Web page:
In a normalized table, the purpose of a primary key is to identify the
combination of attributes (table columns) that uniquely identify each
row in the table. Some of those primary key columns may also be foreign
Foreign keys are used to identify the relationships between tables and
the constraints that are to be imposed e.g. cascade update the FK when
the parent changes. If the foreign key relationship is "identifying"
then the foreign key is also part of the primary key of the child
table. If the relationship is "non-identifying", then the foreign key
is not part of its primary key.
PG automatically creates indexes for primary keys therefore it will
automatically include identifying foreign keys in the index of the
Whether or not you want to index non-identifying foreign keys is
determined by the requirements of the database design. For example,
assume that we have a table that contains sales territories, which
rarely change. We will use this table to create drop down lists that we
will use to set territories. Now let's create a table for sales person
and include an attribute for sales territory. We will create a
non-identifying foreign key relationship between this value and the
sales territories and create proper constraints. We will not index the
column in the sales person table because the only thing that would use
the index is the foreign key constraint and it will rarely fire and
therefore the index is not worth the cost.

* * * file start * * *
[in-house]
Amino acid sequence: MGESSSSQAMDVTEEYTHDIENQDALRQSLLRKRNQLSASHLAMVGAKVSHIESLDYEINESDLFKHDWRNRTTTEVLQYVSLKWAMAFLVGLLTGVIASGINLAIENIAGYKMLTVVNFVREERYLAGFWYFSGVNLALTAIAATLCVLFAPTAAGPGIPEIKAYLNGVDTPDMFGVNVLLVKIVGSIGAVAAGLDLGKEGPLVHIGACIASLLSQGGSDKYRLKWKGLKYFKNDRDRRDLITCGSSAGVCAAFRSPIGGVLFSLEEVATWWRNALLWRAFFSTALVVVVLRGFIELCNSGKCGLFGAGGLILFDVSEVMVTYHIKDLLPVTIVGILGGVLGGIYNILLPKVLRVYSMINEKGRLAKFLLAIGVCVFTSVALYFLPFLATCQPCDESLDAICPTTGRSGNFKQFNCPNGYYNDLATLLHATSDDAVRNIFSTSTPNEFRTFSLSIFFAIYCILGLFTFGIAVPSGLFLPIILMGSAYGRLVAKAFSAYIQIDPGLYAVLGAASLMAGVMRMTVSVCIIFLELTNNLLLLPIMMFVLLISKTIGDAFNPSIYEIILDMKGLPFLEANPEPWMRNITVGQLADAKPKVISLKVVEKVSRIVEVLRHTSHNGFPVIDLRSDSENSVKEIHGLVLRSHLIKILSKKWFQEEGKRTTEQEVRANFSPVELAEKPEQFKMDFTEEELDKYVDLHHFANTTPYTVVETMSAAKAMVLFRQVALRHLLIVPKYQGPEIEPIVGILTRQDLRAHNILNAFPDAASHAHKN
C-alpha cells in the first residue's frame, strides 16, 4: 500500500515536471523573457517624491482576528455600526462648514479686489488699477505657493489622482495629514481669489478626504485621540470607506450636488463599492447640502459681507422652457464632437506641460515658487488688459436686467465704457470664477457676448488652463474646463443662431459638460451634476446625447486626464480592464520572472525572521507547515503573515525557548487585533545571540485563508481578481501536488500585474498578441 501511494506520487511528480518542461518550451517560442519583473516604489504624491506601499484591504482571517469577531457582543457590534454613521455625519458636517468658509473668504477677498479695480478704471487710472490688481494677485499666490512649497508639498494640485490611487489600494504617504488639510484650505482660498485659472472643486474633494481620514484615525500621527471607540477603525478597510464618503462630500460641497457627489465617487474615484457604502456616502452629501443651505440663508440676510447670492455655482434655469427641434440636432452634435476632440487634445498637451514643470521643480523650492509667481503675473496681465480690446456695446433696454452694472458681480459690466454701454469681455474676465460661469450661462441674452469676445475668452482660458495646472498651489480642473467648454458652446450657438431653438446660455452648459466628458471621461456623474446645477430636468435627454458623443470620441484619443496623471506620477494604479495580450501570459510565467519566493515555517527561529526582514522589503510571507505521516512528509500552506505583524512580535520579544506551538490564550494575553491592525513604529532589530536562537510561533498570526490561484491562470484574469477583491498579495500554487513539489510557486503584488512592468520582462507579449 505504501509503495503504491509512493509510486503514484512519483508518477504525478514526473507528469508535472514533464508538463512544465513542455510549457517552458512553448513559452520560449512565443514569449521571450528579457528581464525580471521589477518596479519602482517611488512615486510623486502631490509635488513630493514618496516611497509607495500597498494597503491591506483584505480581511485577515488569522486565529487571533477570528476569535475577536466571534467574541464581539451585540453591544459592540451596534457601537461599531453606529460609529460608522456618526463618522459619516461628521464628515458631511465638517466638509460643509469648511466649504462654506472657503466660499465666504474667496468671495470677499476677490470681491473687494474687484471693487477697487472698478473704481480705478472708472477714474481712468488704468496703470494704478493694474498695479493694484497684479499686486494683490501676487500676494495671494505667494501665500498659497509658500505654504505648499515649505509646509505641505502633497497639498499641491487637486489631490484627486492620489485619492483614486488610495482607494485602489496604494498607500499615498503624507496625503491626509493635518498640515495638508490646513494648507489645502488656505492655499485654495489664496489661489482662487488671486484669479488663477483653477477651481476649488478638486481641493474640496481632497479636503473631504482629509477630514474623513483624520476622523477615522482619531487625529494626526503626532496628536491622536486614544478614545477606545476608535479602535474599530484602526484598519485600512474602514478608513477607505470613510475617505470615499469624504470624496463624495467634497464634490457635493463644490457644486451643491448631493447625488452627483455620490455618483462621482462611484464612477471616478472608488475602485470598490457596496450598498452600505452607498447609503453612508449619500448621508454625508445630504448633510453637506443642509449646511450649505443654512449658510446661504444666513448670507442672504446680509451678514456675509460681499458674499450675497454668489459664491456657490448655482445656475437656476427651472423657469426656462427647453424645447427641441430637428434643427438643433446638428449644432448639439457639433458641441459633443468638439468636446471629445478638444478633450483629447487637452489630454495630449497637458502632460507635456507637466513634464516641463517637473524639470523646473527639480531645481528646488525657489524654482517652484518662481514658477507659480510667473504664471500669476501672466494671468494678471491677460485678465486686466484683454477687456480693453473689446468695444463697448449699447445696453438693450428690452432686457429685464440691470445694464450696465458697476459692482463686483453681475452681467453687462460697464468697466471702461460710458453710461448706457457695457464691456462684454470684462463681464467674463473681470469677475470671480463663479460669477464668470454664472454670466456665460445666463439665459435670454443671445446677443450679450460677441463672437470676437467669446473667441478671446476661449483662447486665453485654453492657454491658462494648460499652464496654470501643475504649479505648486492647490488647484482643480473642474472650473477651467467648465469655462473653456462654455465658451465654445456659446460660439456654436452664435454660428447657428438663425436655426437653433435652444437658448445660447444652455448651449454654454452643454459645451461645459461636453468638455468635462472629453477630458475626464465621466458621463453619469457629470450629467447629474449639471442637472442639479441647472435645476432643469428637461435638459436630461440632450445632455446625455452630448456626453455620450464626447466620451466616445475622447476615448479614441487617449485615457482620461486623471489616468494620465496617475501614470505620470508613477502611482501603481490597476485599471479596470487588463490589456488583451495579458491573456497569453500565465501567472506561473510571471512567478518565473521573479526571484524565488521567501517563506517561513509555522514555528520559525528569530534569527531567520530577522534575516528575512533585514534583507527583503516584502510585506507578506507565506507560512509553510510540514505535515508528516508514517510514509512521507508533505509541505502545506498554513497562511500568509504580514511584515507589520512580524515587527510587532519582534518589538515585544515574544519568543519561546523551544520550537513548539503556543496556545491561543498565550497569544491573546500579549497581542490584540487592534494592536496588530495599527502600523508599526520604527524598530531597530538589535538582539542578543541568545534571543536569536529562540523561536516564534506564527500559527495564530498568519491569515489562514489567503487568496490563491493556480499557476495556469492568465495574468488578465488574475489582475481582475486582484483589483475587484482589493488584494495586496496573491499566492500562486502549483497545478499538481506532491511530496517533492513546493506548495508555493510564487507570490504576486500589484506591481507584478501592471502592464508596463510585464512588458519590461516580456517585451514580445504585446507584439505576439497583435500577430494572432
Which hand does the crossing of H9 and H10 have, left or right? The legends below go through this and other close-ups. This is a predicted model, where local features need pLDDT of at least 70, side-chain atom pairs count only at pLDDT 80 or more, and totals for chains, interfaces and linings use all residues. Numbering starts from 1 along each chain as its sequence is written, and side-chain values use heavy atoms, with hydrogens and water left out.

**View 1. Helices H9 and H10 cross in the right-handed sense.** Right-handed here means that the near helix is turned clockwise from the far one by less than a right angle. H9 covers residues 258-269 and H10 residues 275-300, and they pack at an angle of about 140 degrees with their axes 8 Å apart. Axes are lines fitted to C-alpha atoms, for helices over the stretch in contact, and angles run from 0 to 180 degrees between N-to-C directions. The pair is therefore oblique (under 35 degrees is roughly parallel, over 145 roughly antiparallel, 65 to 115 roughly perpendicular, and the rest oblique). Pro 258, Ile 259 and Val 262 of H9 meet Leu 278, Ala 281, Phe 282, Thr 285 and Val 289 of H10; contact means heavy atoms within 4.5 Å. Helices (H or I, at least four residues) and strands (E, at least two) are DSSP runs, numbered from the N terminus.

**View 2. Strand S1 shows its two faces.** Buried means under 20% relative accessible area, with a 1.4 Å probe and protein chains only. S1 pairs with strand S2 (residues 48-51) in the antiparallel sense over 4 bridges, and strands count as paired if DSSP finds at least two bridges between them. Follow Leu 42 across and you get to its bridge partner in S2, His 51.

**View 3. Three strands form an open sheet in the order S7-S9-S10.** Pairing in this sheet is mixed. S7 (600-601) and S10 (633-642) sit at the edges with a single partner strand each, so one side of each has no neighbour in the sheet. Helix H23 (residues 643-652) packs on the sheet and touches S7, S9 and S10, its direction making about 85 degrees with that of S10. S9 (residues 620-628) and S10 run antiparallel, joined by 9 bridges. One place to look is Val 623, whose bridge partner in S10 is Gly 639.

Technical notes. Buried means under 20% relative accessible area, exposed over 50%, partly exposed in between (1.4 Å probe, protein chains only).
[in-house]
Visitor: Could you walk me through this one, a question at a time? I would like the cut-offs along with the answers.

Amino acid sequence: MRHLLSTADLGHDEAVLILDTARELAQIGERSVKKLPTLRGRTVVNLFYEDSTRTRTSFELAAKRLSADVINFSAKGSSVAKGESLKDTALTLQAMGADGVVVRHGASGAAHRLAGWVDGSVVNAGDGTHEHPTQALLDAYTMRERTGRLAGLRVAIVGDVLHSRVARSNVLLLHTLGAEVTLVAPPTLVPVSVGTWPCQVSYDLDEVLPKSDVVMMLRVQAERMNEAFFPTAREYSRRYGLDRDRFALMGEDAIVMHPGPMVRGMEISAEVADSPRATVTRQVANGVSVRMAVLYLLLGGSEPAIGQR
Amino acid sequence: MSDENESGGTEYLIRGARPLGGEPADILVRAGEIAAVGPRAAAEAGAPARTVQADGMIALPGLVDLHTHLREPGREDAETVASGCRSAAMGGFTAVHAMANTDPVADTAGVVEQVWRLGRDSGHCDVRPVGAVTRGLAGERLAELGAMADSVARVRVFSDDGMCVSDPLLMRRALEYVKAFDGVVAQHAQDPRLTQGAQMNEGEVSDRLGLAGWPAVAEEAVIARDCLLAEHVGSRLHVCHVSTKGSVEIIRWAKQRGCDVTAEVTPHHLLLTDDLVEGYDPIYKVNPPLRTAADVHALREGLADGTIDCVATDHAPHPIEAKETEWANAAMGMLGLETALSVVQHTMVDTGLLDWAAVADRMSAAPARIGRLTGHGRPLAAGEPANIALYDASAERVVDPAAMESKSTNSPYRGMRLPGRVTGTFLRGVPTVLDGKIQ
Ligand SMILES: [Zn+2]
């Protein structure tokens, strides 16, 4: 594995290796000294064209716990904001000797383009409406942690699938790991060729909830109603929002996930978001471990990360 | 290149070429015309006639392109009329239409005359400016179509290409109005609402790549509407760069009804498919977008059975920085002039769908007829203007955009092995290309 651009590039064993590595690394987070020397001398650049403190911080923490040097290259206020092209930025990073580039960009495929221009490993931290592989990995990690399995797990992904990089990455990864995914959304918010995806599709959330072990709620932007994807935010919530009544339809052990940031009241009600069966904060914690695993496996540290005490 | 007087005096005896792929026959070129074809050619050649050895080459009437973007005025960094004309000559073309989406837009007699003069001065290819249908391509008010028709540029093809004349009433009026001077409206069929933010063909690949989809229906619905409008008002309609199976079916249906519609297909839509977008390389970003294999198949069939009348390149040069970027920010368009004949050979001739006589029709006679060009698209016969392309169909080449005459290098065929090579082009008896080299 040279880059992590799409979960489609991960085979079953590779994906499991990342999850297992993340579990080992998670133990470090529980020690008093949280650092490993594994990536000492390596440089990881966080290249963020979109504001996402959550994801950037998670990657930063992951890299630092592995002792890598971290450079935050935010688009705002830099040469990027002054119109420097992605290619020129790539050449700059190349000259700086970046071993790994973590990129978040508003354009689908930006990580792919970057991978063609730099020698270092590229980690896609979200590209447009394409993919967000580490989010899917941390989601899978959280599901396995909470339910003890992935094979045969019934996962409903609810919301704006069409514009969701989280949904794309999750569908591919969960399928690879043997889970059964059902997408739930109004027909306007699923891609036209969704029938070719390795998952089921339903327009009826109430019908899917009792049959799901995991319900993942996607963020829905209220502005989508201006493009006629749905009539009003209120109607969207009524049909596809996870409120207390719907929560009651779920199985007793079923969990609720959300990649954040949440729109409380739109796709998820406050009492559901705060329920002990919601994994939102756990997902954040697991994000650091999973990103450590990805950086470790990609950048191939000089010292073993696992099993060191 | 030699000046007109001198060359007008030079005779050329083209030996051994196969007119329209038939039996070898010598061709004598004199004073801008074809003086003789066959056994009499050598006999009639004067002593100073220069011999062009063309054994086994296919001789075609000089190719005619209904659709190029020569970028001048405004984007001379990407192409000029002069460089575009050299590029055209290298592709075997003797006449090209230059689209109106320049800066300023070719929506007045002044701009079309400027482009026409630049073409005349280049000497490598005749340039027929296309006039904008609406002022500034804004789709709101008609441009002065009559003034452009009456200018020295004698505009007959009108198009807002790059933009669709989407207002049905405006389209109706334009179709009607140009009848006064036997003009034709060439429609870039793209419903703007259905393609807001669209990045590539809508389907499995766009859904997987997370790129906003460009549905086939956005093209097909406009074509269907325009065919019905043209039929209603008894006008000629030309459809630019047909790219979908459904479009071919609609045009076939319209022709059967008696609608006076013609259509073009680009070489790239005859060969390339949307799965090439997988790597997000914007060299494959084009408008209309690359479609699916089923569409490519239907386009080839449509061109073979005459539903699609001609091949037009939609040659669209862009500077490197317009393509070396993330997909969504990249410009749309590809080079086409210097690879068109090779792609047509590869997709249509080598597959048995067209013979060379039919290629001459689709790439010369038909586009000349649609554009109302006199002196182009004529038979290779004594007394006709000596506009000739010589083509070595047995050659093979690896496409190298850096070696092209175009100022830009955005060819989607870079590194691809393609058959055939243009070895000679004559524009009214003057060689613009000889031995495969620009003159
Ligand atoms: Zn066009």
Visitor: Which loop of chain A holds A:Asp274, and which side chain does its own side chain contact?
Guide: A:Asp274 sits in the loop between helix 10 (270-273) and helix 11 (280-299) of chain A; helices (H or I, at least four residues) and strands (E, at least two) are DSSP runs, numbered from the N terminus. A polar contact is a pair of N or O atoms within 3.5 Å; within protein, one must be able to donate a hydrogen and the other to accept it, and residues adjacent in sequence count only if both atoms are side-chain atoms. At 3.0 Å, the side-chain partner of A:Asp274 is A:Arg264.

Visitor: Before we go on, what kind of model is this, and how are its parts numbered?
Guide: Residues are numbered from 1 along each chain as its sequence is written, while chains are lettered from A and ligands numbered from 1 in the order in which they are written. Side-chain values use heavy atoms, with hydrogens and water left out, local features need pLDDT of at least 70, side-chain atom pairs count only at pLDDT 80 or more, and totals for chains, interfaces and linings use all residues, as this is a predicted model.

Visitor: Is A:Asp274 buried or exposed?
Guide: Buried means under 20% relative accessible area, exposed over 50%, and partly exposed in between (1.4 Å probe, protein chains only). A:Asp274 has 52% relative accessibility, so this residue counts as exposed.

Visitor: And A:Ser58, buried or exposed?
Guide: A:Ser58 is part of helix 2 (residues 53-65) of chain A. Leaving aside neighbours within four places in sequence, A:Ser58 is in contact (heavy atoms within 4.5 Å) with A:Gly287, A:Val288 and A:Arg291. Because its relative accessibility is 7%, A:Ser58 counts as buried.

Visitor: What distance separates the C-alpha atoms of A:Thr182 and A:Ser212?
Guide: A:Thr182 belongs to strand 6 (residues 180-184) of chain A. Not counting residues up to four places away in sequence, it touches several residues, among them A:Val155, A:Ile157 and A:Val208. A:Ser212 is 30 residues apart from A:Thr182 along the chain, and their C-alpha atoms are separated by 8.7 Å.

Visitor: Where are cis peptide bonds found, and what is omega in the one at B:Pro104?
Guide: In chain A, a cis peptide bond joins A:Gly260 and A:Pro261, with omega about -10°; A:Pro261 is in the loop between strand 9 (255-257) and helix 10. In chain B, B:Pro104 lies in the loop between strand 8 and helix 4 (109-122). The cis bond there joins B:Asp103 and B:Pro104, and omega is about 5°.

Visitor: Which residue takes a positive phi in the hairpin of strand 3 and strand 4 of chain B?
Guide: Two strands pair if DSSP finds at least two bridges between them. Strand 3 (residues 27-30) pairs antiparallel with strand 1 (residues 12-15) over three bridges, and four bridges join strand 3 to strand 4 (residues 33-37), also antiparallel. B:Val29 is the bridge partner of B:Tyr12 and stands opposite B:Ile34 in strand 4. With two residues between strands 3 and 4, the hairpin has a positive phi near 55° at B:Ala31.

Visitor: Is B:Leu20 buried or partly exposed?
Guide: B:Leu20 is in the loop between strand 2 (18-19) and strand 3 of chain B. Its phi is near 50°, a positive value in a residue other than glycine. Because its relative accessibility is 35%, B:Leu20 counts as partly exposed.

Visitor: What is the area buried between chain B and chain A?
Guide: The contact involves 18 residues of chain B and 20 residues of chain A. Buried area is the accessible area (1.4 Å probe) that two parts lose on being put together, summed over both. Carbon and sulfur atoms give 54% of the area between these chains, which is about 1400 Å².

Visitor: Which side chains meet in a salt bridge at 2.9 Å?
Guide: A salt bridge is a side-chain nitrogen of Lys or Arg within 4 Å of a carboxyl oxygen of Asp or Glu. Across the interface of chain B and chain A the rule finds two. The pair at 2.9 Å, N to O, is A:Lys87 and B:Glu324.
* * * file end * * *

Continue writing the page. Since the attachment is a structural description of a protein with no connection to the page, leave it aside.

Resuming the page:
My point: Automatic indexes for foreign keys is not desirable.
-------- Original Message --------
Subject: [ADMIN] Indexes for Foreign Keys?
Date: Mon, 29 Oct 2007 12:39:03 -0500
From: Jeff Larsen <jlar310(at)gmail(dot)com>
I've noticed that PG automatically creates indexes when you create a
primary key. But when you create a foreign key on a child table, it
does not create an index on the referencing columns of the child
Does PG *not* need an index to perform joins between parent and child
tables quickly? Or is it simply left up to the administrator to decide
if the index is necessary for adequate performance (i.e., avoiding
sequential scans). Or does PG somehow avoid sequential scans on FK
joins some other way? To be honest I have not spent any significant
time studying query plans as we are still in the early stages of a
I come from an Informix background where the server will either use an
existing index on the specified columns, or automatically create an
index to support a constraint of any type (PK, FK, UNIQUE). You can
not have a constraint without an underlying index in Informix.
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